Monday, 24 March 2014

Greater Burdock (Arctium lappa, 牛蒡)

Greater Burdock is one of my favourite plants. In Finnish it is called "isotakiainen", in Latin "Arctium lappa" and in Chinese 牛蒡 (Niúbàng). The word arctium is derived from Greek word arktos, meaning "bear" and lappa means "to seize". If you ever touch it you understand why. In the nature it looks like this:


Burdock is biannual plant that belong to a big family of Asteraceae plants (others are for example daisy, dandelion, sunflower). Burdoc is related to artichoke. In Europe it is usually growing wild, but in East Asia it is also commonly cultivated for its edible root.

Purple flowers are grouped in a flower head, called "capitula". The capitula are surrounded with small needle like leaves, curved to form a hook. These hooks attach onto the fur of animals and are carreid long distances. This is how burdock spreads.


Greater burdock was used during the Middle Ages as a vegetable, but now it is rarely used, with the exception of Japan where it is called gobō (牛蒡 or ゴボウ), Taiwan (牛蒡), Korea where it is called ueong (우엉), Italy, Brazil and Portugal, where it is known as bardana or "garduna". Plants are cultivated for their slender roots, which can grow about 1 meter long and 2 cm across.


The use of Greater burdock is increasing popularity because it is promoted in macrobiotic diet. Burdoc root is full of dietary fibre, rich in potassium, calcium and amino acids and is low in calorie. It is crisp, slightly sweet and mild in taste.

In the Taiwanese vegetable market greater burdoc roots look like this:


In Western medicine it has been used for its diuretic and blood purifying properites and American indians used it for treatment of cancer.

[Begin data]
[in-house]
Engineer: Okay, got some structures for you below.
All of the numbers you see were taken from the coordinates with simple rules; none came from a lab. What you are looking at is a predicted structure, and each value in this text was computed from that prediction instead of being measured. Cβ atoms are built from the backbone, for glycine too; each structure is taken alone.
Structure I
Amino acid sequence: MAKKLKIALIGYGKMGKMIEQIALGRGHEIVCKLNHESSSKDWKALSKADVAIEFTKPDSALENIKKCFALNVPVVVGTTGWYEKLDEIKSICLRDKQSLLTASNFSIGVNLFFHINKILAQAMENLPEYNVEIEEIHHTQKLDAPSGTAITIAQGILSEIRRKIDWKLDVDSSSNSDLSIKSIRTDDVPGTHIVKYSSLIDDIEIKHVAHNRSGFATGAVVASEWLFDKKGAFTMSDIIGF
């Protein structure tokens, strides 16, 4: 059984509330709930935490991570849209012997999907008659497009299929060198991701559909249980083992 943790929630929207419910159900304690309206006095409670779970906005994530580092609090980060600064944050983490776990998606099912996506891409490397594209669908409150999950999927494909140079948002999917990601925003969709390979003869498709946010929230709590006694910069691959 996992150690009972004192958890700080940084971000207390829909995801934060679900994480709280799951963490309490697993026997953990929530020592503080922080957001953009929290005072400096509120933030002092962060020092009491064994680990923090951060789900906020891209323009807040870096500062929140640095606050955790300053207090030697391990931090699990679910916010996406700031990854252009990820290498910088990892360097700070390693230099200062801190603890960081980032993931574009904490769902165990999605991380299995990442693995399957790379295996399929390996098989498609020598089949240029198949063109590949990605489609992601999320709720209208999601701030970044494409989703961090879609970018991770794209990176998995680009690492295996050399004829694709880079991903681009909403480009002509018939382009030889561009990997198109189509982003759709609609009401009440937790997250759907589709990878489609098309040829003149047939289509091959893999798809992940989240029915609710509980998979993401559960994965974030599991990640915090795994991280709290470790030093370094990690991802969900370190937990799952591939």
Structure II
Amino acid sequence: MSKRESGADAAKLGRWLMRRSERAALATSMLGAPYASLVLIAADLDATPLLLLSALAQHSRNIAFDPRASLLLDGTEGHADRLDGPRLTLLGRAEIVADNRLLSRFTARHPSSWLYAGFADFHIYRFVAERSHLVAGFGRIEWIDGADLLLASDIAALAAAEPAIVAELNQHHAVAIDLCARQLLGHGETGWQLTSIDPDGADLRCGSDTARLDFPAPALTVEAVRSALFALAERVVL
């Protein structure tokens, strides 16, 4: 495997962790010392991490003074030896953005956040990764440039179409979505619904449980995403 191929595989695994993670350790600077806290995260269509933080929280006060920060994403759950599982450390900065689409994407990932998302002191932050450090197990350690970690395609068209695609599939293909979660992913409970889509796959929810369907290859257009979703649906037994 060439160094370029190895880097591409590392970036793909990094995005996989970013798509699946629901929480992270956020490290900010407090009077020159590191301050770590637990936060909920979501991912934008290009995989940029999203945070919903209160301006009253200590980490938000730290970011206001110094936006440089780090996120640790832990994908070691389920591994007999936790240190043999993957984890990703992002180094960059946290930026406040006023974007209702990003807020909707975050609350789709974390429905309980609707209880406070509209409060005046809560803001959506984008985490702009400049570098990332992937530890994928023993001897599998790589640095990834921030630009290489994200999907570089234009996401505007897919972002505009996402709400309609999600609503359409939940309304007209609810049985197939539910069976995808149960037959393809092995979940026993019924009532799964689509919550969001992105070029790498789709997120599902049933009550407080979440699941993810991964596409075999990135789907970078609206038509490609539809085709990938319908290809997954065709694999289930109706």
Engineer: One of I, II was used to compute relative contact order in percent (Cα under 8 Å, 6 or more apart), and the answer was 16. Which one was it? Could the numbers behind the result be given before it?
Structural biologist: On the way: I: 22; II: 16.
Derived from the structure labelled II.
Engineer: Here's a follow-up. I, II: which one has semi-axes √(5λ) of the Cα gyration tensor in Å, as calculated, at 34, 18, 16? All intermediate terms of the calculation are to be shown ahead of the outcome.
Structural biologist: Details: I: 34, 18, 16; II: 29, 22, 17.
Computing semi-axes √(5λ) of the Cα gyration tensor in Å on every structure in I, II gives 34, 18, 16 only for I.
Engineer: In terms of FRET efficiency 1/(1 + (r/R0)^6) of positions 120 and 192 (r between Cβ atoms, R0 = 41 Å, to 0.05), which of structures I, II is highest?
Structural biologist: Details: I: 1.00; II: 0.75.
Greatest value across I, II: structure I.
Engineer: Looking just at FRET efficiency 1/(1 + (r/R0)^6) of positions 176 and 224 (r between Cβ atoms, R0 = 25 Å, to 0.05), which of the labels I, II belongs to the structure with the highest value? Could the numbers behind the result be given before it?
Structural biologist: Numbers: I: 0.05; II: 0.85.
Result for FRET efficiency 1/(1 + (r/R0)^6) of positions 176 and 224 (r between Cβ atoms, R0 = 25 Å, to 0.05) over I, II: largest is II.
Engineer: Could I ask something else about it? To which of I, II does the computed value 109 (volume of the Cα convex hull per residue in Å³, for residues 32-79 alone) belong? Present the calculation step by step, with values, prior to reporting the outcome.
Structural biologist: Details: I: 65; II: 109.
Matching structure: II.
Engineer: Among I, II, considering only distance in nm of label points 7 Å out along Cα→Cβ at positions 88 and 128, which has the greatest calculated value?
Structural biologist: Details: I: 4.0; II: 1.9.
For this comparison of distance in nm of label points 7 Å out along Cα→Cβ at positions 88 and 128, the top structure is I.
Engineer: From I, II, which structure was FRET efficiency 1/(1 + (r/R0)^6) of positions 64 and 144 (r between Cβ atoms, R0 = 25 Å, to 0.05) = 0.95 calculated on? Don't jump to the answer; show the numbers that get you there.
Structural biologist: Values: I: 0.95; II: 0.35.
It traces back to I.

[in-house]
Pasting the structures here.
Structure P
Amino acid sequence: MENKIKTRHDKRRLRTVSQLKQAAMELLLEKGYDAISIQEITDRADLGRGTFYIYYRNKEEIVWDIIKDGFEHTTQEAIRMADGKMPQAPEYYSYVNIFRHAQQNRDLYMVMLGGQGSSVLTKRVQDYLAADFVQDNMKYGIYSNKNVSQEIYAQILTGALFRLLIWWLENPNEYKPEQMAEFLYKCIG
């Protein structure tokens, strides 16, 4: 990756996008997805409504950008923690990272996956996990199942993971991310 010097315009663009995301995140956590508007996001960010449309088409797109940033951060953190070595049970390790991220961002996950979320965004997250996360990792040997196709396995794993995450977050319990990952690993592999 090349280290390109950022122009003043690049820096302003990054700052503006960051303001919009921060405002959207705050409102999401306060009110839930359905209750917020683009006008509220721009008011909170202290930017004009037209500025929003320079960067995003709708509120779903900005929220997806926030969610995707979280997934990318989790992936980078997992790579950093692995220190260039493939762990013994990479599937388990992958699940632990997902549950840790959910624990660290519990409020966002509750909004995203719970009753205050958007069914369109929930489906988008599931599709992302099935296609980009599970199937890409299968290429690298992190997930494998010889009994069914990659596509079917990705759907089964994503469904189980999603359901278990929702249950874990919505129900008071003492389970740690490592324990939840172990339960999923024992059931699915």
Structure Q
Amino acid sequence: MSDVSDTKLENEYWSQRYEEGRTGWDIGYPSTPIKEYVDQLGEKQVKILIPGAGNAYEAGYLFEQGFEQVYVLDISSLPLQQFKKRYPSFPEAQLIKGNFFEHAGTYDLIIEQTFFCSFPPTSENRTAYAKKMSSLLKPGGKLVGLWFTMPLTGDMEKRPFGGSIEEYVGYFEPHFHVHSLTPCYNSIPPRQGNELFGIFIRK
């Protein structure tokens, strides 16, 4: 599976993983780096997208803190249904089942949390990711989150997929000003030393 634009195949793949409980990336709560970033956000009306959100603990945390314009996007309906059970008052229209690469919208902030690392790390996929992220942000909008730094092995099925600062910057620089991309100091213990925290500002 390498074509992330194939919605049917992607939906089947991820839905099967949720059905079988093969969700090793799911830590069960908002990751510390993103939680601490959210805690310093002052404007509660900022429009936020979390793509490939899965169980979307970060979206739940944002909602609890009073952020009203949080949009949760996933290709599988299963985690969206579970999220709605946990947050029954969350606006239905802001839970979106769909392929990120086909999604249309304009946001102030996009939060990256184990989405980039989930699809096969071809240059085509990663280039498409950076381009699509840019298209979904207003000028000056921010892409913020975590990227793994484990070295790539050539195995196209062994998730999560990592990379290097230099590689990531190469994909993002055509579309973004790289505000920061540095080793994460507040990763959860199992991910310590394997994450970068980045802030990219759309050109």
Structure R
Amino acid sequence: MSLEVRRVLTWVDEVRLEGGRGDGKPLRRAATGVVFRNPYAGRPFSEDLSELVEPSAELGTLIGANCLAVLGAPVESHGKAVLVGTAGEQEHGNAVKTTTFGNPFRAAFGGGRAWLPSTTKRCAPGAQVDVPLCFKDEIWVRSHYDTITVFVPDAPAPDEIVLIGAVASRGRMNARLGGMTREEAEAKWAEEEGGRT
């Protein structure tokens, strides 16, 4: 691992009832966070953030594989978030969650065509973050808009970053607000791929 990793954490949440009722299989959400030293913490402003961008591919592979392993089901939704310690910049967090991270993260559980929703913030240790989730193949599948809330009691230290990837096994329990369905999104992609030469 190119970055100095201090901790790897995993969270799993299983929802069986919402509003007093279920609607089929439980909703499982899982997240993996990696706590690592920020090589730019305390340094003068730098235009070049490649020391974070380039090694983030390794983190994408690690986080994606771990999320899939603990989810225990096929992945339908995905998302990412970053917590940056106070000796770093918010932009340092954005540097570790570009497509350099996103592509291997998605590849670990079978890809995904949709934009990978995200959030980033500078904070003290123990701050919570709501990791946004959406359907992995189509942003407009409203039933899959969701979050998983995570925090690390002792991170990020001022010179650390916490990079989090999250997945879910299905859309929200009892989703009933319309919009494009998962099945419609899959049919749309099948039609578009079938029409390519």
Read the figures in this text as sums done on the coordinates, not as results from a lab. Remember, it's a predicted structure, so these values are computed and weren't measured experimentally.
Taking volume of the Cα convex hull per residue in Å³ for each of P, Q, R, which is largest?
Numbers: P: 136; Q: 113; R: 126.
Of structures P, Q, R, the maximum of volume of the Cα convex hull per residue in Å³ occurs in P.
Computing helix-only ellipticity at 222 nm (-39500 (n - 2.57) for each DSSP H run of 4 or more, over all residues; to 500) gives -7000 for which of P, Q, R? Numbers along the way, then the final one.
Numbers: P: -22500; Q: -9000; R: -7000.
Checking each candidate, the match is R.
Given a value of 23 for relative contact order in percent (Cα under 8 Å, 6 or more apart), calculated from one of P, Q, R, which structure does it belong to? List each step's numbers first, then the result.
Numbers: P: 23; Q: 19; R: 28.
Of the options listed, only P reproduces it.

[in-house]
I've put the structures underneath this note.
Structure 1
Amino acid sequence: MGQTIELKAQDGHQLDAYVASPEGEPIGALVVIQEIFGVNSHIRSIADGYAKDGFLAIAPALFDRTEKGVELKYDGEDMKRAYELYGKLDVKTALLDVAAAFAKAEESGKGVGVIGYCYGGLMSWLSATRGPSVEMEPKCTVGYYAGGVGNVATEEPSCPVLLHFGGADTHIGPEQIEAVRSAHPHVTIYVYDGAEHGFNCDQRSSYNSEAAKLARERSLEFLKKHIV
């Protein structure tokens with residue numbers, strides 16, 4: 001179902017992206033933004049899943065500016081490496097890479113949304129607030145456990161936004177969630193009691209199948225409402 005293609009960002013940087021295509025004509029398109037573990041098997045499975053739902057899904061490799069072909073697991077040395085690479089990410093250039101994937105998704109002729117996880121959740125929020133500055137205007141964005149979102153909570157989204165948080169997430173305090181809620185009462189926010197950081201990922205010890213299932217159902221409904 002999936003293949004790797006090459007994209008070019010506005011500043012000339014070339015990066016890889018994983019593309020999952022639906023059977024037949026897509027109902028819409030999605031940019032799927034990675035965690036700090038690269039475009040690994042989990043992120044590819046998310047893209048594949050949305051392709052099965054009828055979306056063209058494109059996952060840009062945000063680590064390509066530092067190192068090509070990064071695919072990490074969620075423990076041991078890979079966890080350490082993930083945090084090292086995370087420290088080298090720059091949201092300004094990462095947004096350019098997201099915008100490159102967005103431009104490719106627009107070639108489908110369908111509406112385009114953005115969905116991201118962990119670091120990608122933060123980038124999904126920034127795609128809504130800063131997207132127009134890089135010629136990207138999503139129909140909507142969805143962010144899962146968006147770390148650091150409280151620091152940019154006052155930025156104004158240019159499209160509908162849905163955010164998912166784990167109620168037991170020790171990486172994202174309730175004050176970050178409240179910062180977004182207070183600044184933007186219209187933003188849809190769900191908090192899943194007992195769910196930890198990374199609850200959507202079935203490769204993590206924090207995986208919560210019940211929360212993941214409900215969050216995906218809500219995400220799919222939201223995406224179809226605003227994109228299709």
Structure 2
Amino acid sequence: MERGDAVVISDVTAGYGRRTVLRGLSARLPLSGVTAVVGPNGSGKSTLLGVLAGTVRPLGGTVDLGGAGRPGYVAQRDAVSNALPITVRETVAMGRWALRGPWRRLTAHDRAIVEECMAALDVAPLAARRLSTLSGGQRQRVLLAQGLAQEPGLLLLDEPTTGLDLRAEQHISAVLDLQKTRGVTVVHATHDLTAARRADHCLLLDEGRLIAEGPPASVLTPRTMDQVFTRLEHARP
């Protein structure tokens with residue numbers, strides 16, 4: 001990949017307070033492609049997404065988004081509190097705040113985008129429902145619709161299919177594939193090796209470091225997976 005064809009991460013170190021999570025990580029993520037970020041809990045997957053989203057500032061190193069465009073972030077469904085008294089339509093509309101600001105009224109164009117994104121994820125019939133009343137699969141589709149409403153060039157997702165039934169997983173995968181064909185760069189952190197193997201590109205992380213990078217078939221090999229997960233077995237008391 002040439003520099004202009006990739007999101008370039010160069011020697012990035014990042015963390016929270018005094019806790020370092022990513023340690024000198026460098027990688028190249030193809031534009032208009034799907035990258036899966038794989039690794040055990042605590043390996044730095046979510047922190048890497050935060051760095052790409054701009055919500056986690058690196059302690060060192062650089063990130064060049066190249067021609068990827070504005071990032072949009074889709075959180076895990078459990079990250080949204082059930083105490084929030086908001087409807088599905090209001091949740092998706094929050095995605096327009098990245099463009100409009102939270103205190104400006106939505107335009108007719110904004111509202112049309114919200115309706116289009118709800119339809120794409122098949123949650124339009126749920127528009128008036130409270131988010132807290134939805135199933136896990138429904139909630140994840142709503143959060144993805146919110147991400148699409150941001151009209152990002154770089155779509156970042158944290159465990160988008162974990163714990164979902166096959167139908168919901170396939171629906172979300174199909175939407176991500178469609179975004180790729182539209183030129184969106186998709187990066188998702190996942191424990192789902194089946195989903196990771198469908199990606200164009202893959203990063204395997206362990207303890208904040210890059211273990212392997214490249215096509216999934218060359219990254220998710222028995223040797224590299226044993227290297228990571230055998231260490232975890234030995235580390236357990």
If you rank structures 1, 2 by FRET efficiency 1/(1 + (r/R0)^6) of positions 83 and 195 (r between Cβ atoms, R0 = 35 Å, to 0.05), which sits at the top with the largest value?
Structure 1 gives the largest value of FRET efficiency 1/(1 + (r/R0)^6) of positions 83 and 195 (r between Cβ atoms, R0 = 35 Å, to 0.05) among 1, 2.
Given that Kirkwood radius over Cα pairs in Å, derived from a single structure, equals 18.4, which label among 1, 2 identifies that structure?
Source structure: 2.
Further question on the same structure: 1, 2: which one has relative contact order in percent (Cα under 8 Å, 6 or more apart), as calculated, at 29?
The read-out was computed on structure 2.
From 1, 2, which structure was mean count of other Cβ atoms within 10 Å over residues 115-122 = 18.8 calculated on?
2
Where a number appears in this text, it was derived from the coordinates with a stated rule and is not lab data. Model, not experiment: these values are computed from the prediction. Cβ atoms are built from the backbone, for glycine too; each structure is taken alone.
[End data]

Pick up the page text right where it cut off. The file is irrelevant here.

It is also used as a component of natural cosmetics, shampoos and hair care products. Other plant parts are used to prevent baldness and to treat rheumatoid arthritis, skin infections, acne, boils, bites, eczema, herpes, impetigo, rashes, ringworm, sore throat, sciatica, poison ivy/oak, as a tonic and mild laxative, among other uses.

In Taiwan Arctium lappa is common side dish in small restaurants:


The seeds of greater burdock are employed in traditional Chinese medicine particularly for skin conditions and in cold/flu formulas, under the name niubangzi[8] (Chinese: 牛蒡子; pinyin: niúpángzi; some dictionaries list the Chinese as just 牛蒡 niúbàng.

An example of Arctium lappa as food supplement. It is easy to find in any supermarket.


This one is used orally, 3 times 30 drops in water. It makes your skin shine. Do you believe that?


Recently I bought Taiwanese dumplings in a Chinese supermarket here in Luxembourg. They are absolutely delicious, spicy and pleasant.

Frozen Burdock buns

Steamed burdock buns
Burdock buns

There is some scientific evidence of the antiviral, anti-inflammatory and anticancer properties of the seeds of Arctium lappa.

Burdock bun inside, isotakiaispiirakka


More information here.


  1. Sinustahan on tullu kasvitieteilijä! En tiennytkään, että oot kasveista noin kiinnostunut, Ihan tulee omat yliopistoajat mieleen kun opeteltiin latinalaisia nimiä ja tunnistamista.

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